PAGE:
Not everyone who saw Elmo liked him riding in the back of the truck. Always the storyteller, Don used to talk about a woman who once criticized him, “That dog doesn’t even have any water!” Don quipped, “Neither do I and you don’t see me complaining.” Truth be told, that dog was treated better than most kids.
Not all tree climbers appreciated Elmo’s gusto either. Once working on a lake bank, a customer set out a large plate of freshly baked cookies. Don arrived on site. He started talking to the customer. Elmo was given a rare respite from the truck. "Let him run around," the customer invited. Elmo was having a good run when he spied the cookies. That dog gulped every single one of them down. "Ah maan," one worker moaned when he found out. "That's it! Tie 'em up. Let's throw Elmo over the lake bank!" another tree climber threatened in jest. Don shook his head, as he does when he is startled, "Get in the truck, Elmo!" He let down the tailgate and Elmo obediently jumped up. I picture him saying that with a touch of humor in his voice. It was the talk of our dinner table that night.
Dad took Elmo everywhere with him. Dad even made up a dog bed and Elmo slept in the truck at night. The next morning after his morning bathroom run, he'd get back up and they'd be ready to start the rounds again.
After my father passed away, my family thought Elmo should have a different kind of life. A corrections officer that my sister knew fell in love with him, and offered to take him in. She had a farm and other dogs for him to run with. It was a sad day for me when she came to pick him up a a few days after the funeral. It was another drastic change for me. Losing Elmo felt like losing a little more of my father. I wasn't ready to deal with that.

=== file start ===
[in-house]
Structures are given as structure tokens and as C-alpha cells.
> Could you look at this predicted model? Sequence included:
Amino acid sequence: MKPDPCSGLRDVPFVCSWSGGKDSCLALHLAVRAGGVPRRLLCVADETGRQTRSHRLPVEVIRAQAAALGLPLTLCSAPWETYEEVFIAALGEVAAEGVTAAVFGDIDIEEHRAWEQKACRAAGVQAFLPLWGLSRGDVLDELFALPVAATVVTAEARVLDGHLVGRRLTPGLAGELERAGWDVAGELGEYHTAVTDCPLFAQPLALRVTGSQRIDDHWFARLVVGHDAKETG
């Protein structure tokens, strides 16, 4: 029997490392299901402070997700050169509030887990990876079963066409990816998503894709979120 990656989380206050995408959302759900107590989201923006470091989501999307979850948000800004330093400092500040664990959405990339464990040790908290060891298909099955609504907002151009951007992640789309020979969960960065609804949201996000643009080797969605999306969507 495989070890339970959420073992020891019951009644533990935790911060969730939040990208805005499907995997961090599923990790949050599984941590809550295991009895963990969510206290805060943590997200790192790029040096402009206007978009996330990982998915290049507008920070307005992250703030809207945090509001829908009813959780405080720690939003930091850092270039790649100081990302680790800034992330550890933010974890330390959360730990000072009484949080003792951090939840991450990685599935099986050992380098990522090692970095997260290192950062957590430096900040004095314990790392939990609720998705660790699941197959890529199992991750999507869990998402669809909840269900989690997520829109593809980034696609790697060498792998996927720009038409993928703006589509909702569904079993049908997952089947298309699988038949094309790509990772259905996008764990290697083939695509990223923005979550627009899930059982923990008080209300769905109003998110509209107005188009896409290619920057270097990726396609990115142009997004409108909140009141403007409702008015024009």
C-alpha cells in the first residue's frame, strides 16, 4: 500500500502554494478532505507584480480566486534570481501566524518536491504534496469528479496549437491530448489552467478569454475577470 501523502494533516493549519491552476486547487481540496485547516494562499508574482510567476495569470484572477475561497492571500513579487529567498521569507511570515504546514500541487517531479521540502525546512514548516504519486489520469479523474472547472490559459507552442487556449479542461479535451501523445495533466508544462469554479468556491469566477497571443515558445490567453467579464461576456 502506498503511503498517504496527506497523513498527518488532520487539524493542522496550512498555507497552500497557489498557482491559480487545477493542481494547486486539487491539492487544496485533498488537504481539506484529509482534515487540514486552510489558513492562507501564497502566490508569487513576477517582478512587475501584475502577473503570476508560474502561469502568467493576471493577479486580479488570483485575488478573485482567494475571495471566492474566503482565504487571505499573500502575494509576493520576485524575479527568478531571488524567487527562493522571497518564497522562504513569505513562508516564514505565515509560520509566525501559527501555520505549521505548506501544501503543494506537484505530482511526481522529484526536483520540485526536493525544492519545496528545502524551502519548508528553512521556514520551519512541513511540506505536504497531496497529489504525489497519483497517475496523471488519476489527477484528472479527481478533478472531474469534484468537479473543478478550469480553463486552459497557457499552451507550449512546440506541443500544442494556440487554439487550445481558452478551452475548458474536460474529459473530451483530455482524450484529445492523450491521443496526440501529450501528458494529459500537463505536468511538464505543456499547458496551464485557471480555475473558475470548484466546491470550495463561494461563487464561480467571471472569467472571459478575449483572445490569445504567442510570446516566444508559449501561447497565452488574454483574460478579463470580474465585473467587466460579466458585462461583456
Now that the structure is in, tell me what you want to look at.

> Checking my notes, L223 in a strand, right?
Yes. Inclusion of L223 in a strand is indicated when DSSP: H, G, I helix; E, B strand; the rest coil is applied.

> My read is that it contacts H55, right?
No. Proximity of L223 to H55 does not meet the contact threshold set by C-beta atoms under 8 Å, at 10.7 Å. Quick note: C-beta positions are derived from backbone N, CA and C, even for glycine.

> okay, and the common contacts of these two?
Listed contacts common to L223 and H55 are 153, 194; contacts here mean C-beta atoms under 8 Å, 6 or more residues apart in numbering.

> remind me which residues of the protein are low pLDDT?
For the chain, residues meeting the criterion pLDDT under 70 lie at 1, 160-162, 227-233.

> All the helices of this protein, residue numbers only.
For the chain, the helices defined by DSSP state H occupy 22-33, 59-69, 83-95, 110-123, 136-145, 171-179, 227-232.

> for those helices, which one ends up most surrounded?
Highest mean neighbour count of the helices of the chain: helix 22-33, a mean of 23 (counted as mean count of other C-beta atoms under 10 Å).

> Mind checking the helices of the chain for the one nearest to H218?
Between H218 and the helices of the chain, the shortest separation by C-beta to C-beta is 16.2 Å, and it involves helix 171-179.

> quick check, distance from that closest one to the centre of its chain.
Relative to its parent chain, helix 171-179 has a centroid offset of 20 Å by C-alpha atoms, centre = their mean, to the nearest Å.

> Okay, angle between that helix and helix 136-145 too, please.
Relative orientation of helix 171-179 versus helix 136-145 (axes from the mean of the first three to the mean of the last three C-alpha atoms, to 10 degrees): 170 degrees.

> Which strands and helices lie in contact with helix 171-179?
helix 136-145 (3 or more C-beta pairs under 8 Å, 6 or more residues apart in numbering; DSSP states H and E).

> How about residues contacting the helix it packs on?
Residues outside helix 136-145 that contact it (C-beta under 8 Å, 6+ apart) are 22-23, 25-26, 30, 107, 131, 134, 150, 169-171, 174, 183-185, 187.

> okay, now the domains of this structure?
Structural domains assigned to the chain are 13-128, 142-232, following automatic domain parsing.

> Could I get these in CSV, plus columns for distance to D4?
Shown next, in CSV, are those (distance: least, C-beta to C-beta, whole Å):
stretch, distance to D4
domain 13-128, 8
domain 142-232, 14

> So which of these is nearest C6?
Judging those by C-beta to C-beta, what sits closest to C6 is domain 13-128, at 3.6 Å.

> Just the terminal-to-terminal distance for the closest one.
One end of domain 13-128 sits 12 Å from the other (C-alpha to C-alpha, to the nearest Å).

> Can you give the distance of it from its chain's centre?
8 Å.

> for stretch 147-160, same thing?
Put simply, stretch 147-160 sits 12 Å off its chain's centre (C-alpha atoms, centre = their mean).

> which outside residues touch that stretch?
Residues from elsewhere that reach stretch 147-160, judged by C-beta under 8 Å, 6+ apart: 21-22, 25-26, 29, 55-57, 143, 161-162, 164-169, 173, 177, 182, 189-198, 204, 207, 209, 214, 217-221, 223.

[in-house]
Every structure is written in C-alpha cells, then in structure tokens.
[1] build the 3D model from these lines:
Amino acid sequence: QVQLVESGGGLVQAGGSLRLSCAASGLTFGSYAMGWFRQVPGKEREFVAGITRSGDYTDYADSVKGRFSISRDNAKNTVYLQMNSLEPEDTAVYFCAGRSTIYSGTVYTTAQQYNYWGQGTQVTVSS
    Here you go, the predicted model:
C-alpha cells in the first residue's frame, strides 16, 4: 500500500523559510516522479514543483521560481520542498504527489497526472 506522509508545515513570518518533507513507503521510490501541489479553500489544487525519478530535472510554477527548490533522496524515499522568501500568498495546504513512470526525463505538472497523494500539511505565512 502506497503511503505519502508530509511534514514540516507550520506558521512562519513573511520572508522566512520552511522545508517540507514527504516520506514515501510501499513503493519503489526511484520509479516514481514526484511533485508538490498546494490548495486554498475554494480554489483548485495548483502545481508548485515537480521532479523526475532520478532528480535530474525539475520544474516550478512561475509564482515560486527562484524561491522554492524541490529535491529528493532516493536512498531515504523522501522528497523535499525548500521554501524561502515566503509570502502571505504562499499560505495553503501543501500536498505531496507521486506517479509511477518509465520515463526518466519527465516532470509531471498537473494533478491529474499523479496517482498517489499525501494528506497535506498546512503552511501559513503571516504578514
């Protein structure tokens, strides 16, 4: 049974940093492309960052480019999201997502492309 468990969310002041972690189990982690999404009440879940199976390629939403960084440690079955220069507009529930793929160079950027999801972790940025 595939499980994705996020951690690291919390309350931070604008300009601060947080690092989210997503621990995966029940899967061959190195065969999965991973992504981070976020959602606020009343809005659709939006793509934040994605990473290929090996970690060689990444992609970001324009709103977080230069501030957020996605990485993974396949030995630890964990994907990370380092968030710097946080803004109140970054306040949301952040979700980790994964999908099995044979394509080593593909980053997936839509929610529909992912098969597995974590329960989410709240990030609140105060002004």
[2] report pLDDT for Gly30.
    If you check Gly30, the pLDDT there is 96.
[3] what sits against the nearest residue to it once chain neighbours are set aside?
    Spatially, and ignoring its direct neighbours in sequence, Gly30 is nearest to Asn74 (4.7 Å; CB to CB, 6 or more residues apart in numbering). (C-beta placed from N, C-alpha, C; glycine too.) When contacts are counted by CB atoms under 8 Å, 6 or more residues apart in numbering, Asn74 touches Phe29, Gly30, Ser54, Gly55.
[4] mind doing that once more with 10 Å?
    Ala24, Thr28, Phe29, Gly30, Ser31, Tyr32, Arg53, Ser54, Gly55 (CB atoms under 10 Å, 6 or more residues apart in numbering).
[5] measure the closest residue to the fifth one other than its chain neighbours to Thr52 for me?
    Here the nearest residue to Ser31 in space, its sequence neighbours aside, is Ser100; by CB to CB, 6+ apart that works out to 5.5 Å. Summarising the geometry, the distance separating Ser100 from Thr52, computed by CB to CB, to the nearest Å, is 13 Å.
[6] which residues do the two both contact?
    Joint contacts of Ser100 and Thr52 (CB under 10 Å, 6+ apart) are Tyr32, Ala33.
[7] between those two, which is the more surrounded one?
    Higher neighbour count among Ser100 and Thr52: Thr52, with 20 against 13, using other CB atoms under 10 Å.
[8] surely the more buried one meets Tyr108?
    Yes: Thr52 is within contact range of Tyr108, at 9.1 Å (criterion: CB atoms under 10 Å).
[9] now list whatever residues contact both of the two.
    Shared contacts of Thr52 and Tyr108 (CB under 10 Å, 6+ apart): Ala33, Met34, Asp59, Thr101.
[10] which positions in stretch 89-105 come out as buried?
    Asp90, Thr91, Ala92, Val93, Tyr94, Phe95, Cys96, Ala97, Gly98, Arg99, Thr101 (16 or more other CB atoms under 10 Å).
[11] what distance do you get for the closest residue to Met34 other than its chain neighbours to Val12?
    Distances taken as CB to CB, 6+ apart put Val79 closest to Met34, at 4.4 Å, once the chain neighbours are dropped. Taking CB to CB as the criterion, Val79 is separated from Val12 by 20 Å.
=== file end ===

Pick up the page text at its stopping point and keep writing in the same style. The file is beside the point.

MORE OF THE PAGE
I think my father would be happy to know he's well-cared for, and often gets rides in a large van around town. I call his new owner from time to time to hear about Elmo's adventures with his new pack, and once I even got to see him.
Sometimes I imagine dad driving up to the farm in Cambridge Springs. He'd lower the tail gate of his truck and say in his matter-of-fact way, "Get in, Elmo." Elmo would be wild with excitement to see dad after so long. He'd leave the pack and jump on up into the truck. Their day would continue as if they'd never been apart. I love this scenario. But it does make me teary-eyed.
My father, always practical, would have seen the situation as my family did. Dad always looked forward. He might reminisce but never let sentiment cloud his enjoyment of living each day and appreciating what he could do with it. He moved on.
I'm trying to adopt that attitude.